I continue to write about Communion and Liberation (CL) because it continues to be central to my life as a Catholic Christian. The monthly magazine of CL is Traces, and the April issue carries a powerful editorial on recent revelations of abuse in Ireland and the Pope’s response to them. If you have not yet read the Pope’s letter, it is here. What follows is the response in Traces:
Greater than Sin
There would be much to discuss about the events that led Benedict XVI to write his Letter to the Catholics of Ireland, and we could do this by starting from the facts, the numbers, and the data which, if looked at attentively, reveal a reality much less enormous than appears from the ferocious media campaign. Or we could start from the contradictions of those who, in the same newspaper, denounce certain wicked deeds, but after a few pages justify everything and everybody, especially in matters of sex. We could do this, and perhaps it would help to understand the context of a Church really under attack, whatever its errors may be. Only the Pope’s humble and courageous gesture pointed attention toward the heart of the question.
Clearly there is a wound, a very serious one, one of the kind that provoked Christ (and his vicars, too) to use fiery words (“Whoever causes one of these little ones who believe in me to sin, it would be better for him to have a great millstone hung around his neck and to be drowned in the depths of the sea.”)
There is filth in the Church. Joseph Ratzinger himself said so during the Way of the Cross at the Coliseum five years ago, shortly before being elected Pope and, realistically, he has never stopped recalling the fact since. Sin is there, grave sin. Evil is there, along with the abyss of pain that evil carries with it, and everything possible has to be done, and with firmness, to stem the evil and to make amends for that pain. The Pope is already doing this, and his letter reiterates it strongly when it asks the guilty to “answer for it before Almighty God and before properly constituted tribunals.”
This is precisely why the true heart of the question, the forgotten focus, lies elsewhere. Alongside all the limitations and within the Church’s wounded humanity, is there or is there not something greater than sin, something radically greater than sin? Is there something that can shatter the inexorable weight of our evil? Something that, as the Pope writes, “has the power to forgive even the greatest of sins, and to bring forth good even from the most terrible evil?”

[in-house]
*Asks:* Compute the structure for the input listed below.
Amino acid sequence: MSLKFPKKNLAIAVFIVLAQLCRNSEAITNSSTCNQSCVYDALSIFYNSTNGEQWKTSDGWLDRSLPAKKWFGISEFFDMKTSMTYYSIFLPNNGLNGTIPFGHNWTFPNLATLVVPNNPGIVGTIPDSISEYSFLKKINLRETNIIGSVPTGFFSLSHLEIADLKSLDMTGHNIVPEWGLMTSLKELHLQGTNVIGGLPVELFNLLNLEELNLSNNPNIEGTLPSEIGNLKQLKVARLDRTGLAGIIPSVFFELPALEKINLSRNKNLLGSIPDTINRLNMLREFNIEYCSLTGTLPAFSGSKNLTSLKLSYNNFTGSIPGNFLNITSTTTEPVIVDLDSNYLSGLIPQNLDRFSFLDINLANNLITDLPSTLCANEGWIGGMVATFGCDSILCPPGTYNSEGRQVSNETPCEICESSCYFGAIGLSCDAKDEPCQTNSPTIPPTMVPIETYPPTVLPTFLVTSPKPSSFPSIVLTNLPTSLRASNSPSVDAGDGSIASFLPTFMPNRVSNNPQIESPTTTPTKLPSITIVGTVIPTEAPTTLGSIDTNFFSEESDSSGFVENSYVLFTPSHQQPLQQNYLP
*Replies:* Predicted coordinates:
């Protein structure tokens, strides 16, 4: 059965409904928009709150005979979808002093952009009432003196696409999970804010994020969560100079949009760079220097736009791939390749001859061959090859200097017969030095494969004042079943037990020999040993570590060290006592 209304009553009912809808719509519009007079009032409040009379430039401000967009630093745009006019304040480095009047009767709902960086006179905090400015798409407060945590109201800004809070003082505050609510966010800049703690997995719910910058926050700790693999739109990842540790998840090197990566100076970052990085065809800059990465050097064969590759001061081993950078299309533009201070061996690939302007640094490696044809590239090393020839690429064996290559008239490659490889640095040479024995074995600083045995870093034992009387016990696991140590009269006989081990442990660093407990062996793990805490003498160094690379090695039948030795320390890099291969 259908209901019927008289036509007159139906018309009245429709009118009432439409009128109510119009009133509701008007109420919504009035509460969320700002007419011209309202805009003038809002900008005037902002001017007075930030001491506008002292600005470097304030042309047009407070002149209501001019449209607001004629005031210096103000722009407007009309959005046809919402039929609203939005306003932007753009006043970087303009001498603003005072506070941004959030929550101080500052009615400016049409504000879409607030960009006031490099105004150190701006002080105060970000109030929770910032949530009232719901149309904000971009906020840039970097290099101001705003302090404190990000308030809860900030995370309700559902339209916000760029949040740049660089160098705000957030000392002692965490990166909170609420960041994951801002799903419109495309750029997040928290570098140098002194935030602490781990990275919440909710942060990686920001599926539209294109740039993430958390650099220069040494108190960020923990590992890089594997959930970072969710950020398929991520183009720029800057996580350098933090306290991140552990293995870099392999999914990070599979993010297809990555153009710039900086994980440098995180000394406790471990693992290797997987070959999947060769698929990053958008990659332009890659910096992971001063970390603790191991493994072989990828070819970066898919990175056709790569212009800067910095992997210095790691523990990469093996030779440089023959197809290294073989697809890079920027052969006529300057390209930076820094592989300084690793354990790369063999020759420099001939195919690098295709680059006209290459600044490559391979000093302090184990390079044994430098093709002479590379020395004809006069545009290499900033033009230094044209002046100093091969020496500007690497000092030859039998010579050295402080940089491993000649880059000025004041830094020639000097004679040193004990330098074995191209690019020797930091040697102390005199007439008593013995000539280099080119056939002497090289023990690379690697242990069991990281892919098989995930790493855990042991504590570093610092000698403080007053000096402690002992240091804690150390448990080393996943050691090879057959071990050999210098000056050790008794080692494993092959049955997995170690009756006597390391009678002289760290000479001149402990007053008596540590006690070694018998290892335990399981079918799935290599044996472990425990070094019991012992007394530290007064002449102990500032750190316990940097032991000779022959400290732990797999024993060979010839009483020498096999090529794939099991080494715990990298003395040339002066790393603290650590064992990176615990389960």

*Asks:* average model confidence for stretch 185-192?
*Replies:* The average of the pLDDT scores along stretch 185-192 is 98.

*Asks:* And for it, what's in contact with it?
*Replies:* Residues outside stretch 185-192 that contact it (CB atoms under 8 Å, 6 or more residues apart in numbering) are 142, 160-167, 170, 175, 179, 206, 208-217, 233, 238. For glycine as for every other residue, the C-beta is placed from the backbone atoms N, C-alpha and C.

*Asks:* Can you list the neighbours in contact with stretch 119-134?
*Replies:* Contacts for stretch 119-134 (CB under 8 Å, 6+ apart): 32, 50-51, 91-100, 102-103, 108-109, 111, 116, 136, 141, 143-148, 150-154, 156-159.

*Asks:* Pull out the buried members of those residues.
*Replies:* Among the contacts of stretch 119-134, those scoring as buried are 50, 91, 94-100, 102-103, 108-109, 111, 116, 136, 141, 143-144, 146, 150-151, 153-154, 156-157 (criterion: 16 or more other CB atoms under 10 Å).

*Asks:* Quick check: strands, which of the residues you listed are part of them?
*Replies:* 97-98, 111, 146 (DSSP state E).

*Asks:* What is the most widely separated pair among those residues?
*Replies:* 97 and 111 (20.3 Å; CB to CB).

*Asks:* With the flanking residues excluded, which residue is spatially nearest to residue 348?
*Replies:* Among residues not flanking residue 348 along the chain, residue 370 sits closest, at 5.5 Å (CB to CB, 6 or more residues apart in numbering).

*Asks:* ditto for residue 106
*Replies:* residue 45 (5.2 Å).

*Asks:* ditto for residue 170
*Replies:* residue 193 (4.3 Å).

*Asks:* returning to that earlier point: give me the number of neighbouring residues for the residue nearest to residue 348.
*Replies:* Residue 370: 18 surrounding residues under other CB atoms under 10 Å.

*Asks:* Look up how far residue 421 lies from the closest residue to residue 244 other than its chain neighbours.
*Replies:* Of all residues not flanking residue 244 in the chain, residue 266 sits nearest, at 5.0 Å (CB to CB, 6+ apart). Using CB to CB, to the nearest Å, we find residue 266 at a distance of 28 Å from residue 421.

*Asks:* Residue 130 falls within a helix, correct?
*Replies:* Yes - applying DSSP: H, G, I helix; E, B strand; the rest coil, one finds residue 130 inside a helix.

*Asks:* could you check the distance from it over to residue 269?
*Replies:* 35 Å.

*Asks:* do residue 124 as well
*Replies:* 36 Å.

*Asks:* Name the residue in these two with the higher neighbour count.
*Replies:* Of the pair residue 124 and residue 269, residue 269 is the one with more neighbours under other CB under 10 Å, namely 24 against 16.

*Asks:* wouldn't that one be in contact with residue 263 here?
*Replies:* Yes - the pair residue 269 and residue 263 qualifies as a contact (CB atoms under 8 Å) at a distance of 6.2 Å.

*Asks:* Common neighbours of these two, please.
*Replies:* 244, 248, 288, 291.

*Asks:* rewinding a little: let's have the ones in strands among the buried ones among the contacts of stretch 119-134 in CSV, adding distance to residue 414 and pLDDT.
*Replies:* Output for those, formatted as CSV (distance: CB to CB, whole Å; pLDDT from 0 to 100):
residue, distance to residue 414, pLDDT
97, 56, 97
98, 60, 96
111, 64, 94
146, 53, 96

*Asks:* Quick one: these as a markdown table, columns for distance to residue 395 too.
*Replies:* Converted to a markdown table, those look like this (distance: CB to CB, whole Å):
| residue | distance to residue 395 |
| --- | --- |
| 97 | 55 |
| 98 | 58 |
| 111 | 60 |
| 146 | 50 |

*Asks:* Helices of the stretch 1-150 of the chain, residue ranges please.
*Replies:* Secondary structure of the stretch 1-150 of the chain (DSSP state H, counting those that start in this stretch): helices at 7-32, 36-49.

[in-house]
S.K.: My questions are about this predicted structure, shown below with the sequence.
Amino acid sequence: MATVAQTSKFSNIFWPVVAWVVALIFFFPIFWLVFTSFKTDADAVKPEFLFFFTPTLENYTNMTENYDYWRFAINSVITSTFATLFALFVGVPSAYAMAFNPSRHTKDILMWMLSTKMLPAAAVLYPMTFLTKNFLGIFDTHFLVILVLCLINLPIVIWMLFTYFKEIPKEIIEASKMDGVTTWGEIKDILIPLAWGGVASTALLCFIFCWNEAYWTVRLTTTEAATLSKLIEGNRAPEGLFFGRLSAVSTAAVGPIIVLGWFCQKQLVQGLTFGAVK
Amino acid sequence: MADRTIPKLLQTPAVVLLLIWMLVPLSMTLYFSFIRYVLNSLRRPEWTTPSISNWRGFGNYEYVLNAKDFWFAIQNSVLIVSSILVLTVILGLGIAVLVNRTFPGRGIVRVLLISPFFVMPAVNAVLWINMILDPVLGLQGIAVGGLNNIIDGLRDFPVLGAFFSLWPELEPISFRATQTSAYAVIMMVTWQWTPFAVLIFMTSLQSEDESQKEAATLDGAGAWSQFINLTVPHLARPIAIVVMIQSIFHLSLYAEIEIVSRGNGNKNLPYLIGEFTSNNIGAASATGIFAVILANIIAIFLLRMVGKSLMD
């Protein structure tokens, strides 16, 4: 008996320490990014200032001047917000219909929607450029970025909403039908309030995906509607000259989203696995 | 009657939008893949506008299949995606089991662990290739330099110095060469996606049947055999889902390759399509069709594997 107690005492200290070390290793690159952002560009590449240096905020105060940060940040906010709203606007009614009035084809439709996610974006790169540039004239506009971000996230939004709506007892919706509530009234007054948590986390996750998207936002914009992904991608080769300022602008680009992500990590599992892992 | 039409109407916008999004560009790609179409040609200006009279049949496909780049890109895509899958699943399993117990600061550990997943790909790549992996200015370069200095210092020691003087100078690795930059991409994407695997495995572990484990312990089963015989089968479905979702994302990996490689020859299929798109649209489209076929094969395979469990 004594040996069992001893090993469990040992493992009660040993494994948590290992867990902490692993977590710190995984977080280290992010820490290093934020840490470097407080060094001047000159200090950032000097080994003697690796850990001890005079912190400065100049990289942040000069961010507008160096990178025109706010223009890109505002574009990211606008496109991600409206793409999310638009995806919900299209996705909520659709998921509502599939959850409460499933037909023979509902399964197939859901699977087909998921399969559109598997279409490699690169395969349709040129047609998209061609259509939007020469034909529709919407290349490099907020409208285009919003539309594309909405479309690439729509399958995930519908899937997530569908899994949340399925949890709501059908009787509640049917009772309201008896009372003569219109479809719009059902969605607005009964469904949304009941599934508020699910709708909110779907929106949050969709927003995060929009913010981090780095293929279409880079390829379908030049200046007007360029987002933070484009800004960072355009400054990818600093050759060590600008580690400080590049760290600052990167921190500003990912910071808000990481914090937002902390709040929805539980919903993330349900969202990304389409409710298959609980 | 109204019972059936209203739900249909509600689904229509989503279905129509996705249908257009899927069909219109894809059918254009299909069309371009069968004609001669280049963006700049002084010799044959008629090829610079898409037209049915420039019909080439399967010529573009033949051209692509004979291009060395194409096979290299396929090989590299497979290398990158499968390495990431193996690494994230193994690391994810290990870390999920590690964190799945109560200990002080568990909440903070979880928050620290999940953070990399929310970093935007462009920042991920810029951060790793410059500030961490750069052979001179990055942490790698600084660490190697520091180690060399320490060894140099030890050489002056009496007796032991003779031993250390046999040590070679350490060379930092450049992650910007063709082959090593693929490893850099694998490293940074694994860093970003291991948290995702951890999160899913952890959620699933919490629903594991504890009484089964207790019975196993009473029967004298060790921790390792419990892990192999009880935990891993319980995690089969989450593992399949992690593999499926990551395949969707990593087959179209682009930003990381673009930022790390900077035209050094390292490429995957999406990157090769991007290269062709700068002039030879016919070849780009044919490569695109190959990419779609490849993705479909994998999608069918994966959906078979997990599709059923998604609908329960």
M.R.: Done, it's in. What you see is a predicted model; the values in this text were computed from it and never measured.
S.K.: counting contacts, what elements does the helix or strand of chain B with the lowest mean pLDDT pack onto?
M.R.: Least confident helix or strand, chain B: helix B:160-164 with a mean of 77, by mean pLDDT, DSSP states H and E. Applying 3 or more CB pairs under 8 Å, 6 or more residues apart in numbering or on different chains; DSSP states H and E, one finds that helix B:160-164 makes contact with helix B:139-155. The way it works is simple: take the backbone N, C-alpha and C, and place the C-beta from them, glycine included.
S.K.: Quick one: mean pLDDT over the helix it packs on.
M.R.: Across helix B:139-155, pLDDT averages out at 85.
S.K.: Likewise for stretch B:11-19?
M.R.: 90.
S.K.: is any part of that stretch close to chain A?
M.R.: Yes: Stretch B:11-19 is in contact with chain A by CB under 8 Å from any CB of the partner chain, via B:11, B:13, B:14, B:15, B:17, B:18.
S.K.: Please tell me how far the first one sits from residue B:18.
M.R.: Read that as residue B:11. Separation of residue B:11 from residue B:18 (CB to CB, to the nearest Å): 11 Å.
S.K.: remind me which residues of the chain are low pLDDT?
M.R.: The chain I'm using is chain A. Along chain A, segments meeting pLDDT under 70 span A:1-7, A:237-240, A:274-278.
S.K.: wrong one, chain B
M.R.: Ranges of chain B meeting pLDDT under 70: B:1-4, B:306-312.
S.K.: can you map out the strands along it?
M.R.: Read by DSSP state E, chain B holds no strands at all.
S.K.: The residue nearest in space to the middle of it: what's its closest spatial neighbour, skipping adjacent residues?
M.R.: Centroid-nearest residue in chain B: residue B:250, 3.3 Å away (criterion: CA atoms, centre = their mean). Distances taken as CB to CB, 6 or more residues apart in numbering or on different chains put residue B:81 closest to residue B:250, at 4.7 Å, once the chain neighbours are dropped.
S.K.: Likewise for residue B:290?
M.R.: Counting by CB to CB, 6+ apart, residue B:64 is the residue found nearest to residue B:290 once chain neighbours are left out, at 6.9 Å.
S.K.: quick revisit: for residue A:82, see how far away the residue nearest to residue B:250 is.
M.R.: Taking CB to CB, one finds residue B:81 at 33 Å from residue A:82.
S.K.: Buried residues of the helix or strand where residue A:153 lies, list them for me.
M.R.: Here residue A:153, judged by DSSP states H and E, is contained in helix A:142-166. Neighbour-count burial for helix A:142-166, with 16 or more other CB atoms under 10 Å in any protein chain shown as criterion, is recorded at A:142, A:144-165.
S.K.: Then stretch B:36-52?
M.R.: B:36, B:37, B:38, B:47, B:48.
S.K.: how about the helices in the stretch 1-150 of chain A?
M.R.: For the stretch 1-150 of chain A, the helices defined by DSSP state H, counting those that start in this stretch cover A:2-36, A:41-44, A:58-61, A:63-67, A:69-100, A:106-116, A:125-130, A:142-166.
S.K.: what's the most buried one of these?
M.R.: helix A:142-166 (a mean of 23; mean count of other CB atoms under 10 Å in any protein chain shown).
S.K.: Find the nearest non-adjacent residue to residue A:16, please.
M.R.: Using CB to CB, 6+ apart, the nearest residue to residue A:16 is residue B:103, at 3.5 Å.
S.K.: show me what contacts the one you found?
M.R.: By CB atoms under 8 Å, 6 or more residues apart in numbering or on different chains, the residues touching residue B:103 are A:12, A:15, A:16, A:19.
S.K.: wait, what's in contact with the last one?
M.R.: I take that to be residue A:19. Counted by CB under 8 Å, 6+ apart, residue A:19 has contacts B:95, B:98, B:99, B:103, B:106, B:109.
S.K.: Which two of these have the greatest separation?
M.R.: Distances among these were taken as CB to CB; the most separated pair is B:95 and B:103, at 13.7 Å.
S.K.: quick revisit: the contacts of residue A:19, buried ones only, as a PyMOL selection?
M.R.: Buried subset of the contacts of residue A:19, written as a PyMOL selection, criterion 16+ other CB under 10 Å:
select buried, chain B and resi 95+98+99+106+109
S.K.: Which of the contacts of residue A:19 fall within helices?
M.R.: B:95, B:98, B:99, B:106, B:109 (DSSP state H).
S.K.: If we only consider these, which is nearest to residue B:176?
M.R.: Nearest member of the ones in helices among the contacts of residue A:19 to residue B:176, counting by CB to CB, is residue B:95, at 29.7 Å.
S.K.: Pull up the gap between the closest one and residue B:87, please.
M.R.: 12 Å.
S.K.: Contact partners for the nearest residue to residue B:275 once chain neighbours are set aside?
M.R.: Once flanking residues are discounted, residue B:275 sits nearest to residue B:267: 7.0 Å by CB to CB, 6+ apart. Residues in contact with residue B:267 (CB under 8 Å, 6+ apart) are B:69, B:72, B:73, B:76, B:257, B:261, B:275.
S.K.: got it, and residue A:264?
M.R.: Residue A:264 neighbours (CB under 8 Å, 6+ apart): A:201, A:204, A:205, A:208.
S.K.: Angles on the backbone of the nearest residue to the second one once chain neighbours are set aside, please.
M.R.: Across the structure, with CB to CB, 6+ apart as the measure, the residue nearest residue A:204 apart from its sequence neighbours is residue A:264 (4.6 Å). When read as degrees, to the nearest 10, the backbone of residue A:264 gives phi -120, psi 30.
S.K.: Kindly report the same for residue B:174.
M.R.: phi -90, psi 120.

“This is the point: God was moved by our nothingness,” Fr. Giussani said in the phrase quoted on the CL Easter Poster. “Not only that. God was moved by our betrayal, by our crude, forgetful, and treacherous poverty, by our pettiness. . . . It’s compassion, pity, passion. He had pity on me.” This is what the Church brings to the world, and certainly not because of its members’ merit, goodness, or even less because of their coherence: God’s compassion for our pettiness, something greater than our limitations, the only thing infinitely greater than our limitations. If we don’t start from here, we cannot understand at all; everything goes mad, literally.
Then it becomes easy to mistake attention for the victims and regard for their history for a conniving silence, and prudence toward the guilty parties, true or presumed—perhaps accused on the basis of rumors emerging after decades—for the will to “cover up” (sadly it has sometimes been the case). Then it is almost inevitable to keep arguing about celibacy without even touching on the real value of virginity. And it becomes impossible to understand why the Church can be hard and motherly at the same time with the priests who go wrong. It can punish them severely and ask them to serve their sentence and make amends for the evil (it has already done so in the past, and will always do so), but without snapping, if possible, that thread that binds them, because it is the only thing that can redeem them. It can ask its children to “be perfect as your heavenly father is perfect, not so as to demand of them an impossible irreprehensibilty, but so as to remind them of a tension to live the same mercy with which God embraces us (“be merciful as your heavenly father is merciful”).
This is why the Church can educate, which, in the end, is the real question being challenged by those who are accusing it (“See, even the priests do wrong, and badly wrong. How can we trust them with our children?”) as if the Church’s being teacher all depended on the behavior of her children, and not on Christ, on that presence which—amidst all the errors and horrors committed—makes possible in the world an embrace like that of Chagall’s Prodigal Son which appears on the Easter Poster. There, alongside Fr. Giussani’s phrase, there is another, by Benedict XVI: “Conversion to Christ ultimately means this: to exit the illusion of self-sufficiency in order to discover and accept one’s own need—the need of His forgiveness and His friendship.”
This is the embrace of Christ, in our wounded and needy humanity, far greater than the evil we can do. If the Church, with all its limitations, had not this to offer to the world, even to the victims of those barbarities, then we would be lost. Because the evil would still be there, but it would be impossible to overcome it.